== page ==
Bryan Singer Talks X-MEN: DAYS OF FUTURE PAST; Says It Will Be the Biggest Film He’s Ever Made and Reveals Richard Nixon Is a Character

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With the critical and commercial success of director Mathew Vaughn’s 2011’s X-Men: First Class, the X-Men franchise had been sufficiently revitalized and fans were eager to see more of the First Class characters in a sequel.  Though it would have been easy for 20th Century Fox to simply continue the story in the 1970s as we follow the rift between Michael Fassbender’s Magneto and James McAvoy’s Professor X, the studio is taking a more ambitious approach to the follow-up.  X-Men and X2 director Bryan Singer is onboard to direct X-Men: Days of Future Past, and the film’s story will follow the comics arc of the same name that involves time travel and dystopian futures, with a number of past actors from the X-Men franchise reprising their roles.

Steve recently spoke with Singer in anticipation of the director’s upcoming fantasy adventure Jack the Giant Slayer, and the filmmaker talked at length about X-Men: Days of Future Past, revealing that filming will take place from April to October of this year and talking about how he assembled the giant cast and how he came to replace Vaughn as director.  Singer also revealed that he’ll be shooting the movie in 3D (not at 48 fps), Richard Nixon is a character, and it will be the biggest movie he’s ever made.  Hit the jump to read on.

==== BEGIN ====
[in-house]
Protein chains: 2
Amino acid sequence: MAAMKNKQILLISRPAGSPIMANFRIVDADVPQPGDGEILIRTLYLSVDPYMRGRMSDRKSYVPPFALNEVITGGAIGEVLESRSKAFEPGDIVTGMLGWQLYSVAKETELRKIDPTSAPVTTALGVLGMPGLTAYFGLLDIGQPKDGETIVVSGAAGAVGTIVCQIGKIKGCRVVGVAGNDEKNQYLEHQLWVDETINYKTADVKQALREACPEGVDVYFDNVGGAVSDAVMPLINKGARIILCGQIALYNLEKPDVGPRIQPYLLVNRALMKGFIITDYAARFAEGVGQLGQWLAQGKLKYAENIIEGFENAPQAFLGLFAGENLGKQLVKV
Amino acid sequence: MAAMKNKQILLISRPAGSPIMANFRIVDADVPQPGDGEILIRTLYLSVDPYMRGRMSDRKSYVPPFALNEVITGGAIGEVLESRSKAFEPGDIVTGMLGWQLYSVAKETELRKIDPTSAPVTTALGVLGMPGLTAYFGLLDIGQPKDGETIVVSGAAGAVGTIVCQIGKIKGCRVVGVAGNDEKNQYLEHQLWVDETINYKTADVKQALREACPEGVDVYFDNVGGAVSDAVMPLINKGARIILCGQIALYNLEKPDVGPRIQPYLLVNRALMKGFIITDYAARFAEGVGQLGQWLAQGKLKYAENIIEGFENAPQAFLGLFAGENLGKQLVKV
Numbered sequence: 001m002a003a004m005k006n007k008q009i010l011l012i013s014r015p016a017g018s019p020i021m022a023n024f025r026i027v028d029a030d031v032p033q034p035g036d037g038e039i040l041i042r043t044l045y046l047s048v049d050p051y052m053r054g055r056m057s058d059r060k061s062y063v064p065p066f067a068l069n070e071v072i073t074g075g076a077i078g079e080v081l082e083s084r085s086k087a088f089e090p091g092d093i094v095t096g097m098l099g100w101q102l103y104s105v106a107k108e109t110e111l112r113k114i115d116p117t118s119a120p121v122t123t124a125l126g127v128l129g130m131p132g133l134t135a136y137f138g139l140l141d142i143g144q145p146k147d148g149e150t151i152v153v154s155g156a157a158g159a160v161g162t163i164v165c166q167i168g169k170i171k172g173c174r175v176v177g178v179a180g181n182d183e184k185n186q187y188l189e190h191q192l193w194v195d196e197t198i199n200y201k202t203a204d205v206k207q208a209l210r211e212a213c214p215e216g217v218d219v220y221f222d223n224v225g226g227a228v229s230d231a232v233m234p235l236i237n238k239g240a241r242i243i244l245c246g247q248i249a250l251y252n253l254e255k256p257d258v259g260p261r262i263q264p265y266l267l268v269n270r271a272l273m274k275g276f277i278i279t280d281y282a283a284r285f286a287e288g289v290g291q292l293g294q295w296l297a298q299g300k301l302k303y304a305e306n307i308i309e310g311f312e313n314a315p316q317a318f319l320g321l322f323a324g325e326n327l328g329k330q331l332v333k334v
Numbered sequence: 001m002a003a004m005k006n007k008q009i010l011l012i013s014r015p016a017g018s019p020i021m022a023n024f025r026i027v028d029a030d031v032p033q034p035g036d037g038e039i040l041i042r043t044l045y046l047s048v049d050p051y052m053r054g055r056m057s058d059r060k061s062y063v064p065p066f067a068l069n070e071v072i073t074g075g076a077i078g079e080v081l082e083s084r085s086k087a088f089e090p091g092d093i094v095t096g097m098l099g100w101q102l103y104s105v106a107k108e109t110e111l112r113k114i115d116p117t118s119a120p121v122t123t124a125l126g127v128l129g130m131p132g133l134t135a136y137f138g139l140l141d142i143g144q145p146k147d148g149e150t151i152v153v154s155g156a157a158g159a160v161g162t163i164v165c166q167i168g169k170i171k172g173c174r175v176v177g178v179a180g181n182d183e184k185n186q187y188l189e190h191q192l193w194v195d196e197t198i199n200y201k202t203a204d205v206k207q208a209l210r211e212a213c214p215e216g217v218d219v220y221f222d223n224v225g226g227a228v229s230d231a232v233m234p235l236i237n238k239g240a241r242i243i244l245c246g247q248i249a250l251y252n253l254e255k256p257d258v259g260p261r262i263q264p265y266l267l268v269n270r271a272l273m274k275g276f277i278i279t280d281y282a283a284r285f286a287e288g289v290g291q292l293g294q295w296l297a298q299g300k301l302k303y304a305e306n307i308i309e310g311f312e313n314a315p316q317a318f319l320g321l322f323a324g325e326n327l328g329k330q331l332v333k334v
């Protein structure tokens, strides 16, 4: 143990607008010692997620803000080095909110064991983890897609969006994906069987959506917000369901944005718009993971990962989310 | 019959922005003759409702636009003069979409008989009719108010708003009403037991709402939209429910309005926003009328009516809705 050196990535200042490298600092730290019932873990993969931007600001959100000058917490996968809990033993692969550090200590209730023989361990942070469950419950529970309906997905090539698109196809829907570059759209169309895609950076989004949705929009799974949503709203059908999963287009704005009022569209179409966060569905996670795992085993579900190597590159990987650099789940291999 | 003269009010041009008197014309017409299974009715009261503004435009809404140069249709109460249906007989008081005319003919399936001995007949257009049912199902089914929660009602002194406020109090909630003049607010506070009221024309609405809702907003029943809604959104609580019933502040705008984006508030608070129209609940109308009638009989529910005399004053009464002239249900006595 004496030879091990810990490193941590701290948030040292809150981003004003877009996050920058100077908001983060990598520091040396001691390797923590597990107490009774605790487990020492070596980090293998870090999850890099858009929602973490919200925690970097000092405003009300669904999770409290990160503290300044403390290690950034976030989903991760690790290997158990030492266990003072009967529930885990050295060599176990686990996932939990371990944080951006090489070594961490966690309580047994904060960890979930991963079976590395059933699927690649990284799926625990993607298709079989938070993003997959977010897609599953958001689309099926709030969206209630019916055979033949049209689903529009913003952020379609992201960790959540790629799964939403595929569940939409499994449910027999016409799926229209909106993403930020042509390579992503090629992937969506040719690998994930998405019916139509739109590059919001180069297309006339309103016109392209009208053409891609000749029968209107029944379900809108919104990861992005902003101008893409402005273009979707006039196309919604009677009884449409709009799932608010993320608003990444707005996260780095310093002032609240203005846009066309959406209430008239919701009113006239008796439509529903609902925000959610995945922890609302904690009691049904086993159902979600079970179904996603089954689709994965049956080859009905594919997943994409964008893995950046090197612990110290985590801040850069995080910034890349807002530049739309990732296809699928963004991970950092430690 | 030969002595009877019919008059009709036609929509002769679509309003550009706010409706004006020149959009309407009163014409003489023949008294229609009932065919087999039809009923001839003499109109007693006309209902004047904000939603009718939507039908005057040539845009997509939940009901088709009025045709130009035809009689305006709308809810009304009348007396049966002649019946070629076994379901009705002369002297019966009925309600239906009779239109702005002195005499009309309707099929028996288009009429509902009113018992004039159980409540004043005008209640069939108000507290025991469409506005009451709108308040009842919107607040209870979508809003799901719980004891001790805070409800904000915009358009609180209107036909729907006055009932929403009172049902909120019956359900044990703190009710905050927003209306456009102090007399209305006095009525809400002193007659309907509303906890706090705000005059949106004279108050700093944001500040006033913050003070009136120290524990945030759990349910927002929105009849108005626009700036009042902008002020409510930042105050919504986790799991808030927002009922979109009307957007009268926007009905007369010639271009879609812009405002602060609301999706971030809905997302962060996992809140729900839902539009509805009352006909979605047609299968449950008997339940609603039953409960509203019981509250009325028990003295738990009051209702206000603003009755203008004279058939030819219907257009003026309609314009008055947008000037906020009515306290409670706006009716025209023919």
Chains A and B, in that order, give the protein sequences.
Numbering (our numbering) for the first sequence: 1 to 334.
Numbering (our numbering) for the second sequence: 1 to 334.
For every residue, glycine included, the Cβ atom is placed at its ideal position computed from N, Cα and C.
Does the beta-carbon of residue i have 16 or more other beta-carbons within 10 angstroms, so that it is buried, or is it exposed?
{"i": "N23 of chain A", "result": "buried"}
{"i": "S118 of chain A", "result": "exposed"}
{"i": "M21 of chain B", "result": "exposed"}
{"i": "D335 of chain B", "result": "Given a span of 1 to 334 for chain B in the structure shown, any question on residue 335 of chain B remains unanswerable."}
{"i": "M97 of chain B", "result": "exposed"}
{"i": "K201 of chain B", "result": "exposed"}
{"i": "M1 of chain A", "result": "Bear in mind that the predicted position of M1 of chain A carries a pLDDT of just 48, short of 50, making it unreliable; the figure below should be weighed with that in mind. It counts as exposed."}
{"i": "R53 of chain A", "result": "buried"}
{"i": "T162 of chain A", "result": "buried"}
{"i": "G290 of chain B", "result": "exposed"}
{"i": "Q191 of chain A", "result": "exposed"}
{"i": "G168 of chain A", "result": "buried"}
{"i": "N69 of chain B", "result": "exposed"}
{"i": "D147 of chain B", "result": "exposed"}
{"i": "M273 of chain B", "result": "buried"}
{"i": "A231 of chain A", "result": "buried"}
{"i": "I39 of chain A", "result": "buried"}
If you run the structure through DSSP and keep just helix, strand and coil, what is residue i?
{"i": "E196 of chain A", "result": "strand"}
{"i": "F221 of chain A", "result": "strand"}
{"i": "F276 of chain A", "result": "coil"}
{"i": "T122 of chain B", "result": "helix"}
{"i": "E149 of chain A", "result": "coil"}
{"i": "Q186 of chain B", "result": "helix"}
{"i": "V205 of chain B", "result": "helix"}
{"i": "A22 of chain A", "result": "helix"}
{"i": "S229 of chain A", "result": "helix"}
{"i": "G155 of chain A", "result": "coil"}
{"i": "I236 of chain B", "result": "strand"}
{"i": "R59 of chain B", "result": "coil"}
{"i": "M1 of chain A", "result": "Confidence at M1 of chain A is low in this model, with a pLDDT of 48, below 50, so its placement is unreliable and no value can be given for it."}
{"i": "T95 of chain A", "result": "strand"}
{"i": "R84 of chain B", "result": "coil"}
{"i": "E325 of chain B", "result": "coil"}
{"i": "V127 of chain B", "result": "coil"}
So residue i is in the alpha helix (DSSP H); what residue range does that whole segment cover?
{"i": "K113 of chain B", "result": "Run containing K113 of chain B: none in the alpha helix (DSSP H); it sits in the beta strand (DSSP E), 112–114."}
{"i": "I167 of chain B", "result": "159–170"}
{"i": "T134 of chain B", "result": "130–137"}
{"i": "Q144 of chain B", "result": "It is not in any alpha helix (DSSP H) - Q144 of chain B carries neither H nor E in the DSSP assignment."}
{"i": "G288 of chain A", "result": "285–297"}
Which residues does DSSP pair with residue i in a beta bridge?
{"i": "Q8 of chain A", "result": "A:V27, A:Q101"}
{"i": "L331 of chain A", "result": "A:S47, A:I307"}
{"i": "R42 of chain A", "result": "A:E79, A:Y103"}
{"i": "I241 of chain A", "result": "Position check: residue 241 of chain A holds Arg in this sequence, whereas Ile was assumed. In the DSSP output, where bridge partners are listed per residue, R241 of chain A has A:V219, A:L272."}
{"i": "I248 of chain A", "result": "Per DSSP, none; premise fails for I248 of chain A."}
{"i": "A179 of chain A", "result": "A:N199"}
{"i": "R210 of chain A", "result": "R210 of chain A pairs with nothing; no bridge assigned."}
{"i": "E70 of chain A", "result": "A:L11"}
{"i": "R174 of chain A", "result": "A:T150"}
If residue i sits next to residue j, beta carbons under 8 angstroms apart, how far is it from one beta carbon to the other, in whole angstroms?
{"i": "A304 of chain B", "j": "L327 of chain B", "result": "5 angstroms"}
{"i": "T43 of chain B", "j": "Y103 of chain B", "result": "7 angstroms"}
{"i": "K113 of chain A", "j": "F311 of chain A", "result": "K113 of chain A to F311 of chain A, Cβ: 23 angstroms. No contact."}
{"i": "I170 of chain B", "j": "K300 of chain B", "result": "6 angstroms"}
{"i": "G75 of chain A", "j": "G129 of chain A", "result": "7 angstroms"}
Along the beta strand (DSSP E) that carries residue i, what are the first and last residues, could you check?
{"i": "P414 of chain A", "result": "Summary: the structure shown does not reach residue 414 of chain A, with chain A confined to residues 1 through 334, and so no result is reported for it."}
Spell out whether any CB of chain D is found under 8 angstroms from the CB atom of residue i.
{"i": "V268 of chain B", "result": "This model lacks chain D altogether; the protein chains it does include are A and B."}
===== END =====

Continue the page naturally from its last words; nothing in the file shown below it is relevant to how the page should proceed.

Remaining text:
bryan-singer-x-men-days-of-future-pastSteve first asked Singer if he knew their shooting dates yet, and the director revealed that Days of Future Past will have a very long production schedule:

“I start shooting April 15th in Montreal, probably until October.  It’s a big movie.  It’ll be the biggest movie I’ve ever made.”

The director went on to confirm that he’ll be shooting the film in native 3D but not in 48 frames per second (or “high frame rate”), and talked a bit about adapting such a beloved comics arc:

“Well you have to capture the essence of those stories, and if you try to do every single detail that’s in this story, that can be too much for a movie.  But if you can grab the essence of that story and those characters, and then realize it’s a movie it’s not a comic book so there are certain parameters that are different, it’ll still be satisfying to fans and non-fans.”

jennifer-lawrence-nicholas-hoult-x-men-days-of-future-pastPrevious reports pegged the film’s timeline as taking place in the 1970s, and Singer confirmed this fact while also revealing that Richard Nixon is a character in the pic:

“Part of it takes place in the 1970s.  And Richard Nixon’s in it, that’ll be an interesting casting choice…  There’ll also be some more science-fiction-type aspects to the story and, without giving it away, some technology that we haven’t seen yet in the X-Men universe.”

The filmmaker also talked about putting together the film’s massive cast, which mixes the First Class cast members with actors from the earlier X-Men films: 

“I got the impression that everyone was kind of excited to come back.  The actors from X-Men: First Class are contracted to, but the ones I’ve spoken to are very enthusiastic.  Jen’s very excited, I’m with Nick these past few days and he’s excited, and Hugh, Ian, Patrick, Anna—they remember we felt very good about those first two X-Men films back then and I think there’s a good feeling about all of us working together again, and I’m very excited to work with the new cast members as a director as opposed to just a producer.”